era has arrived.
Aboriginal music consists of songs, accompanied by various,
mainly percussive, instruments. The musical style and to
some extent the type of accompaniment varies with area and
genre. Embedded in a purely oral tradition, the music is
learnt by imitation and passed on without reference to any
written notations. Performances are never precisely the
same, but different degrees of variation are allowed with
different songs and in different contexts. In those associated
with cults and secret rituals, the beneficial effects of
the ceremony may be threatened if the structure of the music,
the texts, and the order of the songs are not carefully
ensemble usually consists of one or two singers, or a group
of singers, each with a percussion instrument, commonly
a pair of sticks, or a pair of boomerang clapsticks and,
where appropriate, one didjeridu player. A typical song
session consists of a number of short items, sung one after
the other. A casual evening's entertainment provided by
such a song session and accompanied by dancing may be referred
to as a "corroboree", a word taken into English from one
of the Aboriginal languages of eastern Australia no longer
spoken. Local languages, of course, have their own names
for such an event. More formal sessions associated with
particular ceremonies are called by the name of the ceremony.
there is considerable diversity in musical style across
the north of Australia, it has been found possible to characterize
and contrast northern Australian and central Australian
musical styles (Moyle, 1974). Central Australian songs,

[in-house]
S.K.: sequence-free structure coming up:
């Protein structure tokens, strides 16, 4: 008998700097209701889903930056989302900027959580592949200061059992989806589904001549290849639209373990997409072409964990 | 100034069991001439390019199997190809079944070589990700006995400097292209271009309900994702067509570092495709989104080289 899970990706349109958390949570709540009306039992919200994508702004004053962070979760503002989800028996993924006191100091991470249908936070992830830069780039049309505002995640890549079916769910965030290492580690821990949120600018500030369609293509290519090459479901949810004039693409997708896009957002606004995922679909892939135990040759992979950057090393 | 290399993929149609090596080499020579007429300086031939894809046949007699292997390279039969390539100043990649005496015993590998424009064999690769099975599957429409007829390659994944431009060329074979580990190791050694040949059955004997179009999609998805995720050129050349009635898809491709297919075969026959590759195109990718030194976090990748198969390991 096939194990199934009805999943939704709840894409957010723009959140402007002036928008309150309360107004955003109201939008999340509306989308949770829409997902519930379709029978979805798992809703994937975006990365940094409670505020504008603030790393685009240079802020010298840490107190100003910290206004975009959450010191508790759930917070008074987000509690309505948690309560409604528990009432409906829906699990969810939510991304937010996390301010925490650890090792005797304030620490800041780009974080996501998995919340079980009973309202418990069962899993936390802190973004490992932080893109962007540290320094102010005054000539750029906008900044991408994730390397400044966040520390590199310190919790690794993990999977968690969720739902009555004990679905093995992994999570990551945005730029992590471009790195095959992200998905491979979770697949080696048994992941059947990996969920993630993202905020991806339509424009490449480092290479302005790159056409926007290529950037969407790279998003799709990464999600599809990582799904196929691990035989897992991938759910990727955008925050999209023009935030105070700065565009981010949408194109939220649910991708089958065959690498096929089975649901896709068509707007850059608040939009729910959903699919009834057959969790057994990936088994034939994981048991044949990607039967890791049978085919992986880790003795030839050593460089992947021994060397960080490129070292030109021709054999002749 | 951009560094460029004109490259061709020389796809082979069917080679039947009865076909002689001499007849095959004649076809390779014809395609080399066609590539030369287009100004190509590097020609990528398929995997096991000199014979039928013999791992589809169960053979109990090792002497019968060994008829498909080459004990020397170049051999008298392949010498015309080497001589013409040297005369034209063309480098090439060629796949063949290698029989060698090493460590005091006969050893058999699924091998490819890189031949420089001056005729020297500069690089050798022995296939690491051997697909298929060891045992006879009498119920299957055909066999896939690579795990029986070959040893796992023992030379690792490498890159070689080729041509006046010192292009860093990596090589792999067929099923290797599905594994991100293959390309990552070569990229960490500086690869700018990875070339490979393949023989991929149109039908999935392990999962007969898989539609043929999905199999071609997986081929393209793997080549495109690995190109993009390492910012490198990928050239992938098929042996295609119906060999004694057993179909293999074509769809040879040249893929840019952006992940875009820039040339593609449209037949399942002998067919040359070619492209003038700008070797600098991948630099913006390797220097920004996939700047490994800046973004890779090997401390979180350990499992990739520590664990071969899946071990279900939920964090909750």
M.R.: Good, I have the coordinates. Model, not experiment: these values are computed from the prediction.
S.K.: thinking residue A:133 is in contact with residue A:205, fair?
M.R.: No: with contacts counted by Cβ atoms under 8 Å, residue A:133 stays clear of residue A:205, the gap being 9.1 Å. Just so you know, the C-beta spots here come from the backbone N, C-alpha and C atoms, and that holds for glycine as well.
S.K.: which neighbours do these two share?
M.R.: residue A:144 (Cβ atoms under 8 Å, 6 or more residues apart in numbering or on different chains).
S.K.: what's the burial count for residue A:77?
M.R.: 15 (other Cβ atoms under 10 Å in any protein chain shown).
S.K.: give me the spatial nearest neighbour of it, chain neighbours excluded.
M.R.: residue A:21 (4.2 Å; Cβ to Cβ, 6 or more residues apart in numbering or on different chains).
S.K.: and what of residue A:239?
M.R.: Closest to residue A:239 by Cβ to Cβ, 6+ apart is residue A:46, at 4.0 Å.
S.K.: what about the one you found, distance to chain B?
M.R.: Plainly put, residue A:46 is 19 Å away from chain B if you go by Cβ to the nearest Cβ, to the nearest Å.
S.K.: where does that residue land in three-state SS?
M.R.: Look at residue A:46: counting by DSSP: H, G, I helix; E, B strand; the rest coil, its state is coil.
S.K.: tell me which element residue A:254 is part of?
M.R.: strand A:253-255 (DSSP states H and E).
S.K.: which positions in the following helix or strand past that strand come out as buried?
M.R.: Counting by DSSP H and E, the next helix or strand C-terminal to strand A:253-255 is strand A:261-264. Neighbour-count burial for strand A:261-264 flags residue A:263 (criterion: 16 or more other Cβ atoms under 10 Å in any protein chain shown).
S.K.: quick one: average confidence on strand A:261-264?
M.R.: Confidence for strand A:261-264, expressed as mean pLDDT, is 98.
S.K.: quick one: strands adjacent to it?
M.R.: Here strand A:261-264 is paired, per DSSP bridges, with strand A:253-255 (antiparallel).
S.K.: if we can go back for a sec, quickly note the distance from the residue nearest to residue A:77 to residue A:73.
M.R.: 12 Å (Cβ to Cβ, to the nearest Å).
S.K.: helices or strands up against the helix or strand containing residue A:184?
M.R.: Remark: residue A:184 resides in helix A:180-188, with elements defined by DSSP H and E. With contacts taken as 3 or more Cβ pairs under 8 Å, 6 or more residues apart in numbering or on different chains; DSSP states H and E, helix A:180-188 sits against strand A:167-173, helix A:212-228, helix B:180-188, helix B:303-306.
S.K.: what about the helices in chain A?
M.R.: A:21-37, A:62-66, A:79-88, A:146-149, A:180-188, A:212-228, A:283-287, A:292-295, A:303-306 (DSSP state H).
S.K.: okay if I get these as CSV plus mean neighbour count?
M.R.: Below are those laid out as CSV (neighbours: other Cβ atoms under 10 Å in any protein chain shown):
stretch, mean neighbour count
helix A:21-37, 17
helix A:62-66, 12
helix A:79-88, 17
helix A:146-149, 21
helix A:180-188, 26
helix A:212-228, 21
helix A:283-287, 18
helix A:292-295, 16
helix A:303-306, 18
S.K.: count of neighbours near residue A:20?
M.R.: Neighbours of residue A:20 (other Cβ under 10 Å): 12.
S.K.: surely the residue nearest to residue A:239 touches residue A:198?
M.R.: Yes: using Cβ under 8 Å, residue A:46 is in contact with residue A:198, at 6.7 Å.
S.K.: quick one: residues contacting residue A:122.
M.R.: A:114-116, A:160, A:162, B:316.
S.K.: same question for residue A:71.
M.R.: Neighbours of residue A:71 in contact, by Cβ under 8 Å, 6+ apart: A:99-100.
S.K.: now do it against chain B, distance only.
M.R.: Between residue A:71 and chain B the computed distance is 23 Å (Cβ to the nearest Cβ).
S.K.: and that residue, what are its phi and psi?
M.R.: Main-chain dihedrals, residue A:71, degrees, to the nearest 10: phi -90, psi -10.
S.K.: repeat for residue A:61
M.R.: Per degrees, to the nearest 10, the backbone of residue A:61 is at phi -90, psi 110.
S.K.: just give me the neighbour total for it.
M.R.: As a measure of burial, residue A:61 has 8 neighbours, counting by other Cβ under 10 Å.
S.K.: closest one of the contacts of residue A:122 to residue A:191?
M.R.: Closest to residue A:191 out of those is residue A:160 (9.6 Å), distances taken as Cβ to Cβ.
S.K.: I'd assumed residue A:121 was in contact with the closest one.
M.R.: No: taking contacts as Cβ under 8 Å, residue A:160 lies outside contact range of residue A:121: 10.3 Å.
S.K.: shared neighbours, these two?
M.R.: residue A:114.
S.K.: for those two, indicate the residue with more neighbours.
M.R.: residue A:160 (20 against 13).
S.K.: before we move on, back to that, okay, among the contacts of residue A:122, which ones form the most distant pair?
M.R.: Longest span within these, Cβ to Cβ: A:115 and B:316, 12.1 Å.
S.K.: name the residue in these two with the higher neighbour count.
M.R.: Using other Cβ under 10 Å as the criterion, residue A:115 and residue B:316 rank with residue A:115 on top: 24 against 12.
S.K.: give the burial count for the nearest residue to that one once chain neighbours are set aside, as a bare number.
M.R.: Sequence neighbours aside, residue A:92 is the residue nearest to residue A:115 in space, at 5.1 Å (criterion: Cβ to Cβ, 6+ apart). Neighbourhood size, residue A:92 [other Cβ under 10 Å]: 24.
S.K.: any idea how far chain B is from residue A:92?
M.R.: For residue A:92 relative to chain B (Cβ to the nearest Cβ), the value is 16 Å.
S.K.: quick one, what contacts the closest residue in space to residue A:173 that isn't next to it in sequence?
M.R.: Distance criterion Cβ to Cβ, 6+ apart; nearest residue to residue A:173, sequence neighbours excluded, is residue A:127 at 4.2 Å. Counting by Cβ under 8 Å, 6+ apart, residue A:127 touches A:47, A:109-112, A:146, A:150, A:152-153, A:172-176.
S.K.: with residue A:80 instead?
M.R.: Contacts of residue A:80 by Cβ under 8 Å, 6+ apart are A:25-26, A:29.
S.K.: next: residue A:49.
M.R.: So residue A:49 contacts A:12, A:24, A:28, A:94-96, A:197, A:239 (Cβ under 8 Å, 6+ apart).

she found, have texts which consist largely of a short phrase
repeated over and over. They are accompanied by instruments
of the idiophonic type only and the melodic lines consist
of a series of descending patterns. To this class belong,
for example, the songs with boomerang clapstick accompaniment
that are associated with many of the travelling cults. Originating
presumably in central desert areas, these cults have spread
across the continent and their songs are heard throughout
northern and central Australia. But the percentage of such
songs in the total repertoire decreases as one moves north.
In northern coastal areas, the large majority of songs have
texts consisting of a number of different phrases; they
may be accompanied by instruments of the idiophonic, aerophonic
or membranophonic types, often more than one, and the vocal
line may be interrupted by breaks, giving a distinctly sectional
form. To this class belong, for example, the didjeridu-accompanied
clan songs of north-east Arnhem Land.
north Australia there is a consistent segregation in most
aspects of life, according to age and sex. Food gathering
parties, for example, consist almost exclusively of one
sex. Similarly, with music, children, women, and men of
different ages have their own songs, which are performed
in their own proper contexts.
sing both songs of their own making and imitations of the
adult repertoire. Songs they make up themselves are often
short, repetitive, limited in vocal range and are sometimes
chanted, or even shouted, rather than sung. The play-groups
where these songs flourish have been described at Yirrkala
as the "most prolific song-creating group in the society"
(Waterman, 1955: 42). Children's songs from this area, some
non-Aboriginal in structure, may be heard on Songs
from the Northern Territory,
disc 3A. In north-west Arnhem Land, Berndt notes that
children's songs describe the creatures and plants in the
local environment with such useful comments as "where you
see chickenhawk, there you find kangaroo" (R.M. & C.H. Berndt,
1970: 33). Examples of children imitating the adult repertoire
may be heard on Songs
by Young Aborigines. The rhythmic intricacies of